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Thursday, November 20, 2008

The Mathie Difference

I told my girlfriend the following joke the other day:

"An infinite number of mathematicians walks into a bar. The first one orders a beer. The second one orders half a beer. The third one orders a quarter of a beer. It continues that way until the bartender interrupts to say, "You are all a bunch of idiots," and pours two beers."

While she greatly enjoyed it, her response was, "You know, when I tell that joke I am going to specify at the beginning that it is a countably infinite number of mathematicians, just to avoid any initial confusion."

The thought never even occurred to me. I guess my brain still hasn't fully registered that there is a difference between countable and uncountable infinity. Sigh.


Jolly Bloger said...

I think countability is implied in the phrasing of the setup. If the set can somehow be mapped onto the cardinal numbers then it is countable. Each mathematician is a discrete object, and if they walk through the door single file you can assign a number to each one.

Of course, if there really were an infinite number, they would collapse under their own gravity into a singularity, rendering them fundamentally uncountable.

Unless the bar is arbitrarily large so they can be distributed far enough apart to avoid collapse.

I know what you're thinking - if they are infinite (and under timelike separation) then they already make a black hole, no matter the distribution. That's true, but a black hole doesn't imply a singularity, and if you imagine that the bar is already within the event horizon then there's no problem. Except that they're all doomed and can never even send a distress call beyond this ridiculously large bar.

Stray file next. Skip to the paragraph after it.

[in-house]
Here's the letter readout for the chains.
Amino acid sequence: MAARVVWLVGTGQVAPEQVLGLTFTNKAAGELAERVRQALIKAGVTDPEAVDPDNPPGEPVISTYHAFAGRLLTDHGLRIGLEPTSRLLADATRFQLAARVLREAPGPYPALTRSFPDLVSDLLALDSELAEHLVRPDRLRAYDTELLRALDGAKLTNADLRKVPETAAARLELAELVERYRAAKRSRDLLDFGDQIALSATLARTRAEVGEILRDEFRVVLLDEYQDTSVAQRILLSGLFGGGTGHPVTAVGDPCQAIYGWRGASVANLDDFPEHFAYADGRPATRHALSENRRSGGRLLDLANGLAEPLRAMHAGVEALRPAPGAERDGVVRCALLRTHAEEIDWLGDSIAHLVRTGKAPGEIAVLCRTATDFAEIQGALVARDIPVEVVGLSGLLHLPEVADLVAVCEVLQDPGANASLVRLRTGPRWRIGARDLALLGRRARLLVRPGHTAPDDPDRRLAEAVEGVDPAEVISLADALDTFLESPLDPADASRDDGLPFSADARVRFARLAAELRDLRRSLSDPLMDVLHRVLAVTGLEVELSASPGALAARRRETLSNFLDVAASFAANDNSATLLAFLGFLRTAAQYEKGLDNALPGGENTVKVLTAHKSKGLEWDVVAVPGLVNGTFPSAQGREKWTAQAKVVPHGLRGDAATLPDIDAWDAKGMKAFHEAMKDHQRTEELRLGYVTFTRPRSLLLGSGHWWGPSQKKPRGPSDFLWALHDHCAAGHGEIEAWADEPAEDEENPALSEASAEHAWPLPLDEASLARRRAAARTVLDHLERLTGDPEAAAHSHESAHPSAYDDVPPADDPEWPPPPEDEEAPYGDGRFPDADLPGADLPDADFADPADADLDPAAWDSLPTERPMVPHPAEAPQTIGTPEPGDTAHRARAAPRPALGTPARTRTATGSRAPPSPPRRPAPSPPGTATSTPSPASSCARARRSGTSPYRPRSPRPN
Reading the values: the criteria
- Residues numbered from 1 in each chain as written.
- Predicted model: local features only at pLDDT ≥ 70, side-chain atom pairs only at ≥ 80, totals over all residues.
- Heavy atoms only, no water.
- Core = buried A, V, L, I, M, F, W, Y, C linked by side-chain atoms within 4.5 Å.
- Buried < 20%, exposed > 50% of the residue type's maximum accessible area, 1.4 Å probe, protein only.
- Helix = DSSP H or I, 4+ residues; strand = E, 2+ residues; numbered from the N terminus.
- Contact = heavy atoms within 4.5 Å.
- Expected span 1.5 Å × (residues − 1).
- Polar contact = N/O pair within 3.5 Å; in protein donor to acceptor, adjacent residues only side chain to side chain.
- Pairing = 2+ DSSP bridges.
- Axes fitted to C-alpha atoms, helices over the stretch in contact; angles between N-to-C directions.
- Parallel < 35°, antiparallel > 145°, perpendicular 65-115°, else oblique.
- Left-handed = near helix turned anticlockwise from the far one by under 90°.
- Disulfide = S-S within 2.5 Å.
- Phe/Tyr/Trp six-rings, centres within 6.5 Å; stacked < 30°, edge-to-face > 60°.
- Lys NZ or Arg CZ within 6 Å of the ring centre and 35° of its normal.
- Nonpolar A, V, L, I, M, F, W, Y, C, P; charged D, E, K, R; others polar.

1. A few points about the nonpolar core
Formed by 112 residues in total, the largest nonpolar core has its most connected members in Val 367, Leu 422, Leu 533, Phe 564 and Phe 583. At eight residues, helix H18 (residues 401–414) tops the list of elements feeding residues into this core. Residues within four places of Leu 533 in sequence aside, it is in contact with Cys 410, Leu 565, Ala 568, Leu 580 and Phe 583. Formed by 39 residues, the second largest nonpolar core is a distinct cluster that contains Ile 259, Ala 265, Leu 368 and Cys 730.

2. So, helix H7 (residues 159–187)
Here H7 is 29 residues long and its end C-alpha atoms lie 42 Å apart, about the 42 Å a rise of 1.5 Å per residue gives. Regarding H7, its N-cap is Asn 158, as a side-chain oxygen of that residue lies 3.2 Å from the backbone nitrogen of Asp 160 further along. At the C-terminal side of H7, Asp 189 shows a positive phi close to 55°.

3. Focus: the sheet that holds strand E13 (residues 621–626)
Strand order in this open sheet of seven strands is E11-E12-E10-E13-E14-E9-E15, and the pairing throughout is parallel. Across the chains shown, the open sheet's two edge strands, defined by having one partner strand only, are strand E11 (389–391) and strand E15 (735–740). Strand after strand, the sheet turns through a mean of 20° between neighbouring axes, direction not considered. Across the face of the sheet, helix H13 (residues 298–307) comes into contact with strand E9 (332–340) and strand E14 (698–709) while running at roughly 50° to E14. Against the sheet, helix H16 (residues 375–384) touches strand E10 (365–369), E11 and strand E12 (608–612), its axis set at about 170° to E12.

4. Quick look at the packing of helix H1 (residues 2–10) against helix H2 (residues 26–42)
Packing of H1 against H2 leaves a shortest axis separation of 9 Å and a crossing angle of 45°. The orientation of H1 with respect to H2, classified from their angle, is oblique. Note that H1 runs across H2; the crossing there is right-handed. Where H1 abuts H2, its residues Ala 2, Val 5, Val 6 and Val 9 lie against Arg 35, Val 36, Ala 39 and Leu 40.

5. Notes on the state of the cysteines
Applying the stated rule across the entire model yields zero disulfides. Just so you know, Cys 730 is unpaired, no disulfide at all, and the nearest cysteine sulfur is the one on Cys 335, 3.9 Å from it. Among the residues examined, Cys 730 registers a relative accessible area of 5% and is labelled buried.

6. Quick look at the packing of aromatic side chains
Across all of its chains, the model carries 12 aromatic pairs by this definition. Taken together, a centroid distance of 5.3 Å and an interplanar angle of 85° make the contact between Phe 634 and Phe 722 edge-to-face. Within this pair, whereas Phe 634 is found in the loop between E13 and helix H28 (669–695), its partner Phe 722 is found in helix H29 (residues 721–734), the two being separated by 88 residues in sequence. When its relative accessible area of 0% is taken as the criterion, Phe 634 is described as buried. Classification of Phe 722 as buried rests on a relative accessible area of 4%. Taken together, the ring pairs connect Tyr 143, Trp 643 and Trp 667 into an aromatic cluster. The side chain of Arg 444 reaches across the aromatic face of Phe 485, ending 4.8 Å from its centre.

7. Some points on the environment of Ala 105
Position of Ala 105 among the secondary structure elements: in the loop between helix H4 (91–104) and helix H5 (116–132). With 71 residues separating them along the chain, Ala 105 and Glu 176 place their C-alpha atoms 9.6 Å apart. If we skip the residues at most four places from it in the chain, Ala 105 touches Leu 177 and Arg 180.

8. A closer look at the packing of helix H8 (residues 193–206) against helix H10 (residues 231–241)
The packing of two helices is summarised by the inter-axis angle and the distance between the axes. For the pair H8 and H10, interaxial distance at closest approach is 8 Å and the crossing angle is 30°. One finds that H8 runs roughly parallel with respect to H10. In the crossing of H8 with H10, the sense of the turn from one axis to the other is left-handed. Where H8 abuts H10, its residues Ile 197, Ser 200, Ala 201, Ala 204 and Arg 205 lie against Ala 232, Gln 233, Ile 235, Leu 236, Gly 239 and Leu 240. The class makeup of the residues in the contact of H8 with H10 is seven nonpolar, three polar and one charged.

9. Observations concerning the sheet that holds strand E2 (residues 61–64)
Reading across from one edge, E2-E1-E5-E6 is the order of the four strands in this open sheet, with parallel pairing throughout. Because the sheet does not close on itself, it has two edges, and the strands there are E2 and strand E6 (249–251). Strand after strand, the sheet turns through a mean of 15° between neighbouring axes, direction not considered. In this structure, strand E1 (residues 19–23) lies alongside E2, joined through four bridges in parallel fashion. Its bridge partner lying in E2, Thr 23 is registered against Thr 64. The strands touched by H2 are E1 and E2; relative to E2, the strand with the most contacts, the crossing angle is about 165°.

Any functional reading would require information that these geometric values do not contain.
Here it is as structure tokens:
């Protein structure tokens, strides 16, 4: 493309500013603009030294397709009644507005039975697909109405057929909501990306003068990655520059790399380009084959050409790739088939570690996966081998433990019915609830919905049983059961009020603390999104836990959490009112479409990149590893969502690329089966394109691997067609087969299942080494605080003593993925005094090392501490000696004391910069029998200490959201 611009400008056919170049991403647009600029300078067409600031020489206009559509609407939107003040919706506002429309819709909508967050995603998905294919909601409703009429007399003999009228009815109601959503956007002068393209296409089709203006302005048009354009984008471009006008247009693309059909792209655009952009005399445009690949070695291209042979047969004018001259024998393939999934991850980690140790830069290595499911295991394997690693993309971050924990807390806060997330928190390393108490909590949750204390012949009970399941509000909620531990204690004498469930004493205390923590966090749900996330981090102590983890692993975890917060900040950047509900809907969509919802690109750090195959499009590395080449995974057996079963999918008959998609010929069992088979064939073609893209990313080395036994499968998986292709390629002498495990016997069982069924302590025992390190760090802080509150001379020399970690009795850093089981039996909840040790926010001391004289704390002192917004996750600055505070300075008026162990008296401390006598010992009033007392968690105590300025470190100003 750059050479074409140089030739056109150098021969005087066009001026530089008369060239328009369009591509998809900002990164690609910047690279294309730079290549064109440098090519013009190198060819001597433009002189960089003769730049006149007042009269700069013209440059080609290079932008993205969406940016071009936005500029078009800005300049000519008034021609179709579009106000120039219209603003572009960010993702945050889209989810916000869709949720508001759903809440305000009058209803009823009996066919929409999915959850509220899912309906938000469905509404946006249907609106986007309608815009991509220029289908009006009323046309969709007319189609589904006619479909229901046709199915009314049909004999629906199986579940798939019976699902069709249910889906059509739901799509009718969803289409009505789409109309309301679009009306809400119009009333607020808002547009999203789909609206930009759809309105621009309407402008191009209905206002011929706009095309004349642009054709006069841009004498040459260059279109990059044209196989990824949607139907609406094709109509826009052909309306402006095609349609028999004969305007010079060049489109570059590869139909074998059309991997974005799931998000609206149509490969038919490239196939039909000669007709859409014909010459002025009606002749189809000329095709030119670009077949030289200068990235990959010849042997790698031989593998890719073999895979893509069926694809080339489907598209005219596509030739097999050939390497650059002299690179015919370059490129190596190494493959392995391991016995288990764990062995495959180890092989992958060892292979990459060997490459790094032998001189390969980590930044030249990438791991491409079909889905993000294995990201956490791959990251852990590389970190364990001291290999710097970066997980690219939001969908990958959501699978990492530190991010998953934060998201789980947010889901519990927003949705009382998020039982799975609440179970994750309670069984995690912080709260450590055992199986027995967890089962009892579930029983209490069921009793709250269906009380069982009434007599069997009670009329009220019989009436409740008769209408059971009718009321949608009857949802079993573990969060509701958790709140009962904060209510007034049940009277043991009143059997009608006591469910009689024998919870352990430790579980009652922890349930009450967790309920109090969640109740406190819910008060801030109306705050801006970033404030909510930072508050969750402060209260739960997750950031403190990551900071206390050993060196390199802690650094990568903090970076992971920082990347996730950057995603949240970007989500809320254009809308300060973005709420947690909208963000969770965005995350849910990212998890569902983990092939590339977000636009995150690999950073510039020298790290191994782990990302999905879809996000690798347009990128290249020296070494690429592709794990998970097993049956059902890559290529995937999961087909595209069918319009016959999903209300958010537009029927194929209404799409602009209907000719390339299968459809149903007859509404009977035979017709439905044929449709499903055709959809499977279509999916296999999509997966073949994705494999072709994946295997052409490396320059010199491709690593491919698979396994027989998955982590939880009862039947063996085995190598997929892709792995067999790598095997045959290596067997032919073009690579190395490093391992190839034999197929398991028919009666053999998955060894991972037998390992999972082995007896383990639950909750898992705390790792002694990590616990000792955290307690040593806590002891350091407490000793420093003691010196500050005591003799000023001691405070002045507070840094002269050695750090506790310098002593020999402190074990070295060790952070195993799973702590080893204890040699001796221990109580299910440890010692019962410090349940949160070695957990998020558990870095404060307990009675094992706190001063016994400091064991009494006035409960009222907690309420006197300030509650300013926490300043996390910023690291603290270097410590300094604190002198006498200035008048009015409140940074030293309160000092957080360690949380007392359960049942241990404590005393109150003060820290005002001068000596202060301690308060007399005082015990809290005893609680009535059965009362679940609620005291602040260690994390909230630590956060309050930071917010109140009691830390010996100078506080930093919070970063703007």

No wonder they need a drink.

Mozglubov said...

Yeah, my girlfriend said that she realised countability was implied, but only after you find out that it is mathematicians going into a bar who are numbering in the infinite. So that split-second confusion bothered her (but she's a math snob).

Also, perhaps the mathematicians are proportionally sized to the amount of beer they are ordering, and thus their overall mass converges upon that of two normal-sized mathematicians, thereby saving them all from the fate you described?